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Beckner v. Colvin

United States District Court, W.D. Virginia, Roanoke Division

July 23, 2014

ROY M. BECKNER, JR., Plaintiff,
v.
CAROLYN W. COLVIN, Acting Commissioner of Social Security, Defendant

For Roy M. Beckner, Jr., Plaintiff: Amy Hansen Geddes, LEAD ATTORNEY, Osterhoudt Prillaman Natt Helscher Yost Maxwell & Ferguson, Roanoke, VA.

For Carolyn Colvin, Acting Commissioner Social Security Administration, Defendant: Stephen Mark Ball, LEAD ATTORNEY, Office of General Counsel, SSA, Philadelphia, PA .

Page 627

MEMORANDUM OPINION

Hon. Glen E. Conrad, Chief United States District Judge.

Plaintiff has filed this action challenging the final decision of the Commissioner of Social Security denying plaintiff's claims for disability insurance benefits and supplemental security income benefits under the Social Security Act, as amended, 42 U.S.C. § § 416(i) and 423, and 42 U.S.C. § 1381 et seq., respectively. Jurisdiction of this court is pursuant to 42 U.S.C. § 405(g) and 42 U.S.C. § 1383(c)(3). As reflected by the memoranda and argument submitted by the parties, the issues before this court are whether the Commissioner's final decision is supported by substantial evidence, and if it is not, whether plaintiff has met the burden of proof as prescribed by and pursuant to the Act. Stated briefly, substantial evidence has been defined as such relevant evidence, considering the record as a whole, as might be found adequate to support a conclusion by a reasonable mind. Richardson v. Perales, 402 U.S. 389, 401,

Page 628

91 S.Ct. 1420, 28 L.Ed.2d 842 (1971).

The plaintiff, Roy M. Beckner, Jr., was born on April 17, 1975. Mr. Beckner eventually received a high school diploma in a special education setting. Plaintiff has been employed as a dishwasher, line worker in a furniture manufacturing operation, custodian, and lawn care worker. He last worked on a regular and sustained basis in 2006. On May 21, 2010, Mr. Beckner applied for a period of disability and disability insurance benefits. On June 14, 2010, he filed a claim for supplemental security income benefits. In claiming entitlement to social security benefits, Mr. Beckner alleged that he became disabled for all forms of substantial gainful employment on August 31, 2006, due to obesity; bilateral knee pain and weakness; severe insomnia; learning disabilities; memory problems; arthritis in both ankles; pain in right wrist; and back pain. He now maintains that he has remained disabled to the present time. As to his application for disability insurance benefits, the record reveals that Mr. Beckner met the insured status requirements of the Act through the fourth quarter of 2008, but not thereafter. See gen., 42 U.S.C. § § 416(i) and 423(a). Consequently, plaintiff is entitled to disability insurance benefits only if he has established that he became disabled for all forms of substantial gainful employment on or before December 31, 2008. See, gen., 42 U.S.C. § 423(a).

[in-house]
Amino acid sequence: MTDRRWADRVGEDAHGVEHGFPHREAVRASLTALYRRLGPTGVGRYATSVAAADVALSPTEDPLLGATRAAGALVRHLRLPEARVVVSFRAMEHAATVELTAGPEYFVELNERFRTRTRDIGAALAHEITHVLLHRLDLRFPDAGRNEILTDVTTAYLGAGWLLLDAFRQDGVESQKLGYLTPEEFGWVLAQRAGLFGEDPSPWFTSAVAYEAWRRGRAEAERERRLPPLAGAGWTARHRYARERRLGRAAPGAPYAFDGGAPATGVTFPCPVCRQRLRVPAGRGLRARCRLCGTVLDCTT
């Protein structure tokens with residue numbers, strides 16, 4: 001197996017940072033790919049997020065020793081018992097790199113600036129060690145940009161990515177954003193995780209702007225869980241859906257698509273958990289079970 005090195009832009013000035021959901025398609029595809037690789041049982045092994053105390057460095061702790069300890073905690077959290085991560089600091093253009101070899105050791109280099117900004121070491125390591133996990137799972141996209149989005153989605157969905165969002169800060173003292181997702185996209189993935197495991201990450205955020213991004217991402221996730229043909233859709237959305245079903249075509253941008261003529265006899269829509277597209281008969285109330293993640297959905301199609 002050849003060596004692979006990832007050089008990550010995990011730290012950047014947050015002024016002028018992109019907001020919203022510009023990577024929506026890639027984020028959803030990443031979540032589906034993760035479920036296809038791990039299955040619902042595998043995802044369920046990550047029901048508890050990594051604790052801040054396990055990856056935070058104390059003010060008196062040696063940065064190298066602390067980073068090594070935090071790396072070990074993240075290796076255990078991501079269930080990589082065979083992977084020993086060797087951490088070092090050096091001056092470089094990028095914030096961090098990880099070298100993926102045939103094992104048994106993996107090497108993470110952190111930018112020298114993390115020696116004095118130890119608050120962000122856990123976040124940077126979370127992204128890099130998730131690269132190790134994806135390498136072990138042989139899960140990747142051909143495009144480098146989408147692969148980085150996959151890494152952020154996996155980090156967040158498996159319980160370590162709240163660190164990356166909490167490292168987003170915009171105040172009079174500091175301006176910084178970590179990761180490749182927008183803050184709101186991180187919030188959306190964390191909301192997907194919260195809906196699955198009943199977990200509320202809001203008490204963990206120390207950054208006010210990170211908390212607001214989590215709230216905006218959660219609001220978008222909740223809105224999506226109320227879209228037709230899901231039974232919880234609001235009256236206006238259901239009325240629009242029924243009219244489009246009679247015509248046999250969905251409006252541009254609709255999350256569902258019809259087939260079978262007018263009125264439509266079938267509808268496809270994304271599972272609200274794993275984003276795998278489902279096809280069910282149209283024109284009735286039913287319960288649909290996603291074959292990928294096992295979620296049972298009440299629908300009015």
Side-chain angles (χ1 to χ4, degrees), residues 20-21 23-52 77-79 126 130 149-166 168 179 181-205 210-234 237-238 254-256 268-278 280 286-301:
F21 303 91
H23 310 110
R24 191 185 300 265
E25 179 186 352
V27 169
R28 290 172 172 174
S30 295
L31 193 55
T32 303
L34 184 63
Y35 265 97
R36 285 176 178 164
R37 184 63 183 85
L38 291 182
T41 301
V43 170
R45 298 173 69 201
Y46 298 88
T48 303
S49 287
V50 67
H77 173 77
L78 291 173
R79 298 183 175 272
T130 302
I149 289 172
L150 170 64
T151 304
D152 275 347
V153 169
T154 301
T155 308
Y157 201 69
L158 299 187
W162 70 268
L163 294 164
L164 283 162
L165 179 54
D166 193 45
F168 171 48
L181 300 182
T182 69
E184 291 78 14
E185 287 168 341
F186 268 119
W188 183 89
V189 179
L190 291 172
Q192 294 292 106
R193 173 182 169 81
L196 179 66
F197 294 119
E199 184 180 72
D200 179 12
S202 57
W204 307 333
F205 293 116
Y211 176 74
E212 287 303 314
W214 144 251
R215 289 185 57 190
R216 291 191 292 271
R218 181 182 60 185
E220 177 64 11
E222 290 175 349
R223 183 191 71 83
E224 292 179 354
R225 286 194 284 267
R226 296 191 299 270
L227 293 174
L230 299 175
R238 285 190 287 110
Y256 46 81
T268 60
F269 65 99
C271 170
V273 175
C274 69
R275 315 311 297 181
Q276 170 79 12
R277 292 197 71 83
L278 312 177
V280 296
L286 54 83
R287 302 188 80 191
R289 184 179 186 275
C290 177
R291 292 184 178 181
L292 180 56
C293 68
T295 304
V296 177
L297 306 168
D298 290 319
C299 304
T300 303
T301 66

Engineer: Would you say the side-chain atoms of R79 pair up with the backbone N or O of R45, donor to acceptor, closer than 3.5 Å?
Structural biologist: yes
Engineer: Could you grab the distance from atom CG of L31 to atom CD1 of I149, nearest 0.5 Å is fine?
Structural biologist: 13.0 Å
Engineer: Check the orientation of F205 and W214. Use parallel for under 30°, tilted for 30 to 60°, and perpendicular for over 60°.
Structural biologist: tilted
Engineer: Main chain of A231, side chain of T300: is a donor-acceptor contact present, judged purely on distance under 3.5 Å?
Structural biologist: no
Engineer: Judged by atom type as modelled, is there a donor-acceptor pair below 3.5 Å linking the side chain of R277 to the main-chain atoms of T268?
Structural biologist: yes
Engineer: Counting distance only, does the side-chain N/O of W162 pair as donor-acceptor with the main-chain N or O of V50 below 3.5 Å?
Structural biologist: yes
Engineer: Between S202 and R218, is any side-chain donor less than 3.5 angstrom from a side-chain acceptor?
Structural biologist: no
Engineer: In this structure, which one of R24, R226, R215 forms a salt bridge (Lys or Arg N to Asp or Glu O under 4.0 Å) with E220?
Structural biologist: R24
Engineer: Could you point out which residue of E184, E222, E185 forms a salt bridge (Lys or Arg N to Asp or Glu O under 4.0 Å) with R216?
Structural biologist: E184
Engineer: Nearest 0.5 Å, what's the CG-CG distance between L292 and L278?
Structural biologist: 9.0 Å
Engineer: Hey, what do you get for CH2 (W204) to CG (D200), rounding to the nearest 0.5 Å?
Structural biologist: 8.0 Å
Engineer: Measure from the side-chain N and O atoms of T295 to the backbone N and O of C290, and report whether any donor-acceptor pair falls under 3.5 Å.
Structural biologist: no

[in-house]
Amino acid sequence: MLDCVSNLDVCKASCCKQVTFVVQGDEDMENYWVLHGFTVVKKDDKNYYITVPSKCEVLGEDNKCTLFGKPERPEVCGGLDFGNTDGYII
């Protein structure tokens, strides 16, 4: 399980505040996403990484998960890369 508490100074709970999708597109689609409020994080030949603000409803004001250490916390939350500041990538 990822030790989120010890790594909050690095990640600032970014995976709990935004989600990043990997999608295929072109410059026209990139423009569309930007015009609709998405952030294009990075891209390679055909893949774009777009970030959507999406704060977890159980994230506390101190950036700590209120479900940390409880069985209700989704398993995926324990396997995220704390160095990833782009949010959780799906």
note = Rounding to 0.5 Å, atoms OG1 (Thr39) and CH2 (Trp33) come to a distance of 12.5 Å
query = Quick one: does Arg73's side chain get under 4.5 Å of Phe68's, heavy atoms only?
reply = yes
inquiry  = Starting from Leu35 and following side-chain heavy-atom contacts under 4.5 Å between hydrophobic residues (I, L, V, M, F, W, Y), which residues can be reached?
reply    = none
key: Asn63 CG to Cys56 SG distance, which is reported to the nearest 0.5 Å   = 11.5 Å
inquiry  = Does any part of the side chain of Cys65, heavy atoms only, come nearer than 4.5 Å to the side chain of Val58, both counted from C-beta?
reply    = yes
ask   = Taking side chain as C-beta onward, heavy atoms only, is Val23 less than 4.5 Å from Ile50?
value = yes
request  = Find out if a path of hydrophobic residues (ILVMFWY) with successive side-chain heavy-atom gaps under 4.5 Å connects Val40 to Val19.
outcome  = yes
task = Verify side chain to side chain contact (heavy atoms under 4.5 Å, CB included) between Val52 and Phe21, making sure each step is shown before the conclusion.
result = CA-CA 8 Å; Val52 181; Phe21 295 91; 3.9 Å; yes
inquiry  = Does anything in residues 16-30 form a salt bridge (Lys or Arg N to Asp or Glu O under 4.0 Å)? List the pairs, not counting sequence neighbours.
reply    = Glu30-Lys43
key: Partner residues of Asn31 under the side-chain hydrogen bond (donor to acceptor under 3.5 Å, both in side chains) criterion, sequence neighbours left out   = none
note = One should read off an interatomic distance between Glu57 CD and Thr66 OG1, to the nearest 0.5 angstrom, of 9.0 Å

Mr. Beckner's claim was denied upon initial consideration and reconsideration. He then requested and received a de novo hearing and review before an Administrative Law Judge. In an opinion dated April 25, 2012, the Law Judge also determined that plaintiff is not disabled. The Law Judge found that Mr. Beckner experiences severe impairments on the bases of obesity and borderline intellectual functioning. The Law Judge ruled that plaintiff is disabled for all of his past relevant work roles. However, the Law Judge held that plaintiff retains sufficient functional capacity for a limited range of light work. The Law Judge assessed Mr. Beckner's residual functional capacity as follows:

After careful consideration of the entire record, I find that the claimant has the residual functional capacity to perform light work as defined in 20 C.F.R. 404.1567(b) and 416.967(b) except the claimant can perform no repetitive foot controls with the right lower extremity. The claimant can occasionally climb. He cannot kneel or crawl. The claimant cannot work around heights or hazards. He is limited to simple, routine, repetitive unskilled work that does not involve any reading or writing. The claimant cannot work around the public and can occasionally work around coworkers and supervisors.

(TR 17). Given such a residual functional capacity, and after considering Mr. Beckner's age, education, and prior work experience, as well as testimony from a vocational expert, the Law Judge determined that plaintiff retains sufficient functional capacity to perform several specific light work roles existing in significant number in the national economy. Accordingly, the Law Judge ultimately concluded that Mr. Beckner is not disabled, and that he is not entitled to benefits under either federal program. See, gen., 20 C.F.R. § § 404.1520(g) and 416.920(g). The Law Judge's opinion was adopted as the final decision of the Commissioner by the Social Security Administration's Appeals Council. Having exhausted all available administrative remedies, Mr. Beckner has now appealed to this court.

While plaintiff may be disabled for certain forms of employment, the crucial factual determination is whether plaintiff is

Page 629

disabled for all forms of substantial gainful employment. See 42 U.S.C. § § 423(d)(2) and 1382c(a). There are four elements of proof which must be considered in making such an analysis. These elements are summarized as follows: (1) objective medical facts and clinical findings; (2) the opinions and conclusions of treating physicians; (3) subjective evidence of physical manifestations of impairments, as described through a claimant's testimony; and (4) the claimant's education, vocational history, residual ...


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